There were no blue ribbons in my winnings at the Cooking with Maple Contest at the Genesee Country Museum this year. My Roasted Vegetable Pizza with Maple Balsamic Glaze did, however, earn a red (2nd place) ribbon in the savory category. The Maple Morning Cake donned a yellow (3rd place) ribbon in cakes. Since the veggie pizza ranked the higher ribbon, I’ve included that recipe in this post!
It’s a good thing the contest has ended because after pulling so many possible entries out of my oven every ounce of my body is saturated in maple syrup. Surprising as it is, even my sweet tooth needs a break.
Since the judging, I’ve been pondering what it means to win. This year the grand prize went to 8 year old Margaret “Molly” Sullivan! I couldn’t help but smile as Pat Mead, the woman who runs the Food Ways program at the village and organizes the whole bake-off, shared with Darrell and I that Molly won by modifying her grandmother’s cheesecake recipe.
In my estimation, that boils down to a whole pot of winners. Of course, Molly won but I think her grandmother was a winner, too. The passing on of recipes, as I’ve written about before, somehow has the ability to steady us in the world. Kudos to her grandmother for not only sharing the recipe but allowing it to be fiddled with.
From a bird’s eye perspective, the community also won. The museum provided an opportunity for families to set aside the lure of technology in order to get into the kitchen and be creative! Who knows what that might translate into one day, perhaps a woman who has an investment in making sure the museum has a future because of the fond memories she has of being an active participant in it as a child?
Just like the layers of textures and flavors in the baked goods on the table, there are complexities in defining what it means to win. Being a competitive person by nature, I wondered if I might feel a bit of a let-down leaving the museum without a blue ribbon this year. After all, my Maple Cream Cheese Coffee Cake and my Maple Ribbon Cake have both taken first place in the past.
I start experimenting for this contest in mid-February every year turning out a different goody or two every Sunday when my kids come for dinner. There’s usually a lot of banter about what’s good (or not so good), what needs to be tweaked, and what should be put directly into the compost bin. It’s light-hearted fun for us all.
When I’ve narrowed down my possible entries I put them out for sampling at our annual Maple Syrup Day. More discussion always ensues which often includes maple experiments our friends have begun bringing! This year’s potluck contributions included sausage cooked in sap over an open campfire, maple-brined pork tenderloin, and maple cupcakes.
If I had to be honest, moments with friends and family gathered around the kitchen table, even without the exchange of ribbons, are the grand prize for me.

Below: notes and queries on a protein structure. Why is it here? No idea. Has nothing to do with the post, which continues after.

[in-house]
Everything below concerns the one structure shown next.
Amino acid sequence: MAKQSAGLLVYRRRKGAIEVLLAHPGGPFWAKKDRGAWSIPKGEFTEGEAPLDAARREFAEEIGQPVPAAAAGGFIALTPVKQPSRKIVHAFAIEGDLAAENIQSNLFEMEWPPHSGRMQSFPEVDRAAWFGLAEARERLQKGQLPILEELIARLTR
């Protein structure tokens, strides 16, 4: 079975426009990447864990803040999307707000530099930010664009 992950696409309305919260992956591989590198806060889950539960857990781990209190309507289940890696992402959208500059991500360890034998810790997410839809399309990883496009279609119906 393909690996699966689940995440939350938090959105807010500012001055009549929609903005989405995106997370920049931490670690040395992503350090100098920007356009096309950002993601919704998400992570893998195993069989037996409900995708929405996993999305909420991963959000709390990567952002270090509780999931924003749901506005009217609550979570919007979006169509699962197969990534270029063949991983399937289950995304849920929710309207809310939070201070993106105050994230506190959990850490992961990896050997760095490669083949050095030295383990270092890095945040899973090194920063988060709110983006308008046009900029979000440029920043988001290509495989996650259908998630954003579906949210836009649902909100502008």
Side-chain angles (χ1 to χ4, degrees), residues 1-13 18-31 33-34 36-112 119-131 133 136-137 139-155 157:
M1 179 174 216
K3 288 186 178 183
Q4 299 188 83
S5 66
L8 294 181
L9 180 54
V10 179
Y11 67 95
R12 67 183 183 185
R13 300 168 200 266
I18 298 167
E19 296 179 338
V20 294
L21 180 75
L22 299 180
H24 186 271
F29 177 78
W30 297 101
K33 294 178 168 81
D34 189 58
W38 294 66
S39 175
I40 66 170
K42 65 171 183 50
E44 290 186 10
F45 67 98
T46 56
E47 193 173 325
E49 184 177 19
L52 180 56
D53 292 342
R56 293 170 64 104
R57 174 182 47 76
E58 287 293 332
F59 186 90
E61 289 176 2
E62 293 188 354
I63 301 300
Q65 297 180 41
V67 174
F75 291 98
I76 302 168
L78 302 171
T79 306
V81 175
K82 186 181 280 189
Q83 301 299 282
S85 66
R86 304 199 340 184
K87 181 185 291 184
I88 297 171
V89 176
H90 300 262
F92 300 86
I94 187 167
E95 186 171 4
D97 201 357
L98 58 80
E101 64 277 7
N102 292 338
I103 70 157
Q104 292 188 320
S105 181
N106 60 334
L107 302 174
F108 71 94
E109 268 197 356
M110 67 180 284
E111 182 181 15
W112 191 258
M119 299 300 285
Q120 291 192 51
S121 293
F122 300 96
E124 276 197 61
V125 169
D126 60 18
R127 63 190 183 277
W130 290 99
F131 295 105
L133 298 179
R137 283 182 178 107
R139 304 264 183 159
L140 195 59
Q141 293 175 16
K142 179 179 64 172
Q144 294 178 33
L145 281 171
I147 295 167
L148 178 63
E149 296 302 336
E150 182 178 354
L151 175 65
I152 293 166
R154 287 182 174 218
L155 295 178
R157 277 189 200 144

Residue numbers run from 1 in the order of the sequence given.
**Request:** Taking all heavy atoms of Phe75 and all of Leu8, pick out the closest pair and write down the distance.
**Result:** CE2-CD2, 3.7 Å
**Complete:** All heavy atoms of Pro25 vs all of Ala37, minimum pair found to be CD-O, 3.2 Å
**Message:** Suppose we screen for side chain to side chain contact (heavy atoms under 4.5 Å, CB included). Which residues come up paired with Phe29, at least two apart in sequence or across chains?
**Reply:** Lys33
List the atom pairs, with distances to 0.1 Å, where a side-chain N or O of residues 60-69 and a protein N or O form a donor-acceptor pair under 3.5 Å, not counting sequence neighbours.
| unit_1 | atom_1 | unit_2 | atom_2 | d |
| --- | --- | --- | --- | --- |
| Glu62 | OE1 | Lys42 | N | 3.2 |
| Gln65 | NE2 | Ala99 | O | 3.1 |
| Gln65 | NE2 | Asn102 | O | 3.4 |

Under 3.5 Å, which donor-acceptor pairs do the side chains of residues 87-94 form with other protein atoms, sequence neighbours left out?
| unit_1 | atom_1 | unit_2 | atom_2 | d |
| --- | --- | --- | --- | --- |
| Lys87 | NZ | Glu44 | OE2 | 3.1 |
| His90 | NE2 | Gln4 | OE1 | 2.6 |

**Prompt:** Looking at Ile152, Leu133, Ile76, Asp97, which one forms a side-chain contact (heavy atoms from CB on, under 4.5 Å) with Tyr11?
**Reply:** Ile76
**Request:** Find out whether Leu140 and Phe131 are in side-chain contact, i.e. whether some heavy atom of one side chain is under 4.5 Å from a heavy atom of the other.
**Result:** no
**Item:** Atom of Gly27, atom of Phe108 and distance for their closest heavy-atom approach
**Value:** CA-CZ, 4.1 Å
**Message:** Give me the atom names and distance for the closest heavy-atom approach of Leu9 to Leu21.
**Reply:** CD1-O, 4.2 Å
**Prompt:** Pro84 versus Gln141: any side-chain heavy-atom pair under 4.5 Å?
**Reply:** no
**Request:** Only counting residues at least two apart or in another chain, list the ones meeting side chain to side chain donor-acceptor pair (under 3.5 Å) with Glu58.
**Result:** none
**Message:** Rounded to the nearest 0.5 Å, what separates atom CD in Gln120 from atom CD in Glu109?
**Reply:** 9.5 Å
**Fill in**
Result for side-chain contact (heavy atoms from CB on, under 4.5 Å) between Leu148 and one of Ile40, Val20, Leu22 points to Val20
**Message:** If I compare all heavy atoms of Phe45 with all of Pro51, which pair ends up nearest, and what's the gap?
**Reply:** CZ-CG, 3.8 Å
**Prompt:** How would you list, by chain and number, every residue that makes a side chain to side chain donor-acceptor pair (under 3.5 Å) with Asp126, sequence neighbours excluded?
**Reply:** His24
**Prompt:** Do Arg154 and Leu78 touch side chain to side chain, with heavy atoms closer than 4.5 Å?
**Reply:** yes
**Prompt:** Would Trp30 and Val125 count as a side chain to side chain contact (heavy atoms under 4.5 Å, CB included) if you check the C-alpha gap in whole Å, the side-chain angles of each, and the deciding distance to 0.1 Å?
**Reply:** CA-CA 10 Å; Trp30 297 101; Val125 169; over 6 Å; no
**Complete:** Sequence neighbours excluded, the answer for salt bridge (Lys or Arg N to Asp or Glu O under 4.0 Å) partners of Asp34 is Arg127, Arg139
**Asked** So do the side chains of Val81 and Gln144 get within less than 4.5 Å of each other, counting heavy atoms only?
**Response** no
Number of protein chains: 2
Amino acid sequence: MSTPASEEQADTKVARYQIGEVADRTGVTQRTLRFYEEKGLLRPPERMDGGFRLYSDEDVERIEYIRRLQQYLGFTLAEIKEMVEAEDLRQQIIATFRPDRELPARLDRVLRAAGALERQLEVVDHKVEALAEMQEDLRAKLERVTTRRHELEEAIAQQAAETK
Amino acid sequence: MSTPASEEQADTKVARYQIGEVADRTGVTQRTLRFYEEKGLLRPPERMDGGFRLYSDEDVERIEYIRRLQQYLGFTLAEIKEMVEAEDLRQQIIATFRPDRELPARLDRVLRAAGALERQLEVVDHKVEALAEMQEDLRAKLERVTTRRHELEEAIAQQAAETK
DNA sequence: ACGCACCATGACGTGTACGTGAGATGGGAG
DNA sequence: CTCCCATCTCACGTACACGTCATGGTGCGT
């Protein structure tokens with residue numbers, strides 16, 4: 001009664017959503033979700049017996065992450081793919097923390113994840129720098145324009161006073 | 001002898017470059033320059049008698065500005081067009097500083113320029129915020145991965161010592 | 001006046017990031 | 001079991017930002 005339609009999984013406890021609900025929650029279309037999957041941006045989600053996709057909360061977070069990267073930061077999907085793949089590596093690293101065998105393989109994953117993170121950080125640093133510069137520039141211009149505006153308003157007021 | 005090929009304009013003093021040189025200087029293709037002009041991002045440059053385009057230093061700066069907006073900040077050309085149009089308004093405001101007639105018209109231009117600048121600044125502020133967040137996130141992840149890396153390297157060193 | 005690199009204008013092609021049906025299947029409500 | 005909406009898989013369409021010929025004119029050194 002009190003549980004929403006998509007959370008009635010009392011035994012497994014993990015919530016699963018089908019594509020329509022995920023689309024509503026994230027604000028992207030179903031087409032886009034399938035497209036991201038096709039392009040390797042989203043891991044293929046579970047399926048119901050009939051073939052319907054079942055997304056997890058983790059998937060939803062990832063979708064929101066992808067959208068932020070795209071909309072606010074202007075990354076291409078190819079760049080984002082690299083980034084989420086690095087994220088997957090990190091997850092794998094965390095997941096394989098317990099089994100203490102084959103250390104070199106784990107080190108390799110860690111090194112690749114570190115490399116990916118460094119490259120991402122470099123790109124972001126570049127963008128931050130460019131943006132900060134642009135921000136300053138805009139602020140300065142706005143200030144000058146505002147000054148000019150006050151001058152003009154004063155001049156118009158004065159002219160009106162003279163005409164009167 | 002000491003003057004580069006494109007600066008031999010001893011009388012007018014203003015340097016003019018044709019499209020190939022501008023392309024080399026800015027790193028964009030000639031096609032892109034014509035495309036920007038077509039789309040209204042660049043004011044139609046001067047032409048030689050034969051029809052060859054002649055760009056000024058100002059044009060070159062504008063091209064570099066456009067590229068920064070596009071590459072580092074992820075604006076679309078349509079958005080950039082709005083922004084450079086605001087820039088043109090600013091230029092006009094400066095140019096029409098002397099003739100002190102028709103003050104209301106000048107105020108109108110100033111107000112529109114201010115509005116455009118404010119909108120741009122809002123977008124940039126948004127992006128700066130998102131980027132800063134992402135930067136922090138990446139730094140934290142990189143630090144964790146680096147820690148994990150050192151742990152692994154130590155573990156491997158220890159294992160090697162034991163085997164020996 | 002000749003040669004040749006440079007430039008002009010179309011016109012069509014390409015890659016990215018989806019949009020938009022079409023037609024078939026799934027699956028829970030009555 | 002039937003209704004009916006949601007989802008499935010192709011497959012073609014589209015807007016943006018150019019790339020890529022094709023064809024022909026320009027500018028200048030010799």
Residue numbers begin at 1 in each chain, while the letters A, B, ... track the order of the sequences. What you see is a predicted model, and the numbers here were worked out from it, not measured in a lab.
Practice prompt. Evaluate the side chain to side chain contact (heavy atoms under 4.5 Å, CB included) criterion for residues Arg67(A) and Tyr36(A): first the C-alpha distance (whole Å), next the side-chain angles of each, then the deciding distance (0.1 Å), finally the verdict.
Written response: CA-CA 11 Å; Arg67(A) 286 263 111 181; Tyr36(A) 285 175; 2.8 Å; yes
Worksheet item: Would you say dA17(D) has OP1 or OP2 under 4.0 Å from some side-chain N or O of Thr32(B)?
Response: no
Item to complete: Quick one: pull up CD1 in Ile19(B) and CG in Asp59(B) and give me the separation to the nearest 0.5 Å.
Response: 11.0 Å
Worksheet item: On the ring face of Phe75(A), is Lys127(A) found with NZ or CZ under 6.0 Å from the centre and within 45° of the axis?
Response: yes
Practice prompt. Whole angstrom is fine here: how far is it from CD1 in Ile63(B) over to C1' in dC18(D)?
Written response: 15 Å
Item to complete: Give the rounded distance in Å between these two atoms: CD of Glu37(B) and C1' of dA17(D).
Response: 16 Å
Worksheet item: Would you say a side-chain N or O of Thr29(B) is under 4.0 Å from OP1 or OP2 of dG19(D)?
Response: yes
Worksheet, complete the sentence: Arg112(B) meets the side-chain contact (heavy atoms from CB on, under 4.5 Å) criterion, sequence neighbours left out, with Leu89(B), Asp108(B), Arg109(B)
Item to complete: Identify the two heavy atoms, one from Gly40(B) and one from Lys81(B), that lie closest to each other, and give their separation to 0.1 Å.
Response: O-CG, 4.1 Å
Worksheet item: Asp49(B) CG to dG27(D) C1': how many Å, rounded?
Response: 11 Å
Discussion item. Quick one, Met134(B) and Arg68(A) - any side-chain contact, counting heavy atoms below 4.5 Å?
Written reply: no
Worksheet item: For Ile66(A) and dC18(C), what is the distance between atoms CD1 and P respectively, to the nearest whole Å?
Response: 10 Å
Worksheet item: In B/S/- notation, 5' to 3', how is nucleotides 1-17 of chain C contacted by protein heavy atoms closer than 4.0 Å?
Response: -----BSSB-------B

I’d be remiss if I didn’t offer up a great big thank you to the museum for giving all of the participants, myself included, a chance to get involved and play a little.
Every entrant into the contest gets a prize just for entering, too: a free ticket into the village for the day. There are categories that include both the savory and the sweet. There are divisions for children and for adults and, as we learned this year, the grand prize isn’t determined by age! If you didn’t get a chance to enter, why not start thinking about it for next year? Let your kids get creative right alongside you!
Some great philosopher once quipped that life is about the journey not the destination. I wholeheartedly agree. If winning a blue ribbon were the destination, I’d miss out on the memories that are built along the way. I might lose sight of the people who are working hard to make sure our local history is preserved for future generations to learn from. I might even forget why we’re having this contest in the first place. Remember that maple dance I wrote about in my last post??
There are lots of events taking place at the museum between now and next year’s contest including the Old Time Agricultural Fair which is another great opportunity to enter your jams, pickles or even art work! Keep current with happenings by following the Genesee Country Museum’s Facebook page!
You can follow Kneading Life on Facebook, too….or join my contact list at the top of the page! if you know someone who would love to make this pizza for you, feel free to share this post using the link below!
Hope to see you around the bread bowl (and around the village!),
Roasted vegetable pizza with maple balsamic glaze
2 sweet peppers of differing colors
1 large onion
8 -12 oz sliced baby portabella mushrooms
Salt (don’t underestimate the power of good salt! I love the Celtic gray)
¼ cup maple syrup
½ cup balsamic glaze
Shredded mozzarella cheese; 8 ounce bag
1 recipe of No-Fail-Anybody-Can-Do-It-Focaccia (or your favorite pizza dough)
Cut peppers into a ½ inch dice. Cut onion in half and slice. Place on large cookie sheet along with the sliced mushrooms. Coat lightly with oil and sprinkle with salt. Roast in a 450 degree oven for 20 -25 minutes; until begins to caramelize.
Meanwhile, stretch dough onto large cookie sheet on oiled parchment. Allow to rest for 15 minutes. When the veggies come out of the oven, bake the crust for 10 minutes without topping until dough begins to set.
Top with roasted vegetables, drizzle with desired amount of *balsamic glaze (refrigerate the rest for later use) and top with mozzarella cheese.
Return to oven and finish baking.
*Balsamic Glaze. Mix ¼ cup syrup with ½ cup balsamic glaze. Warm together.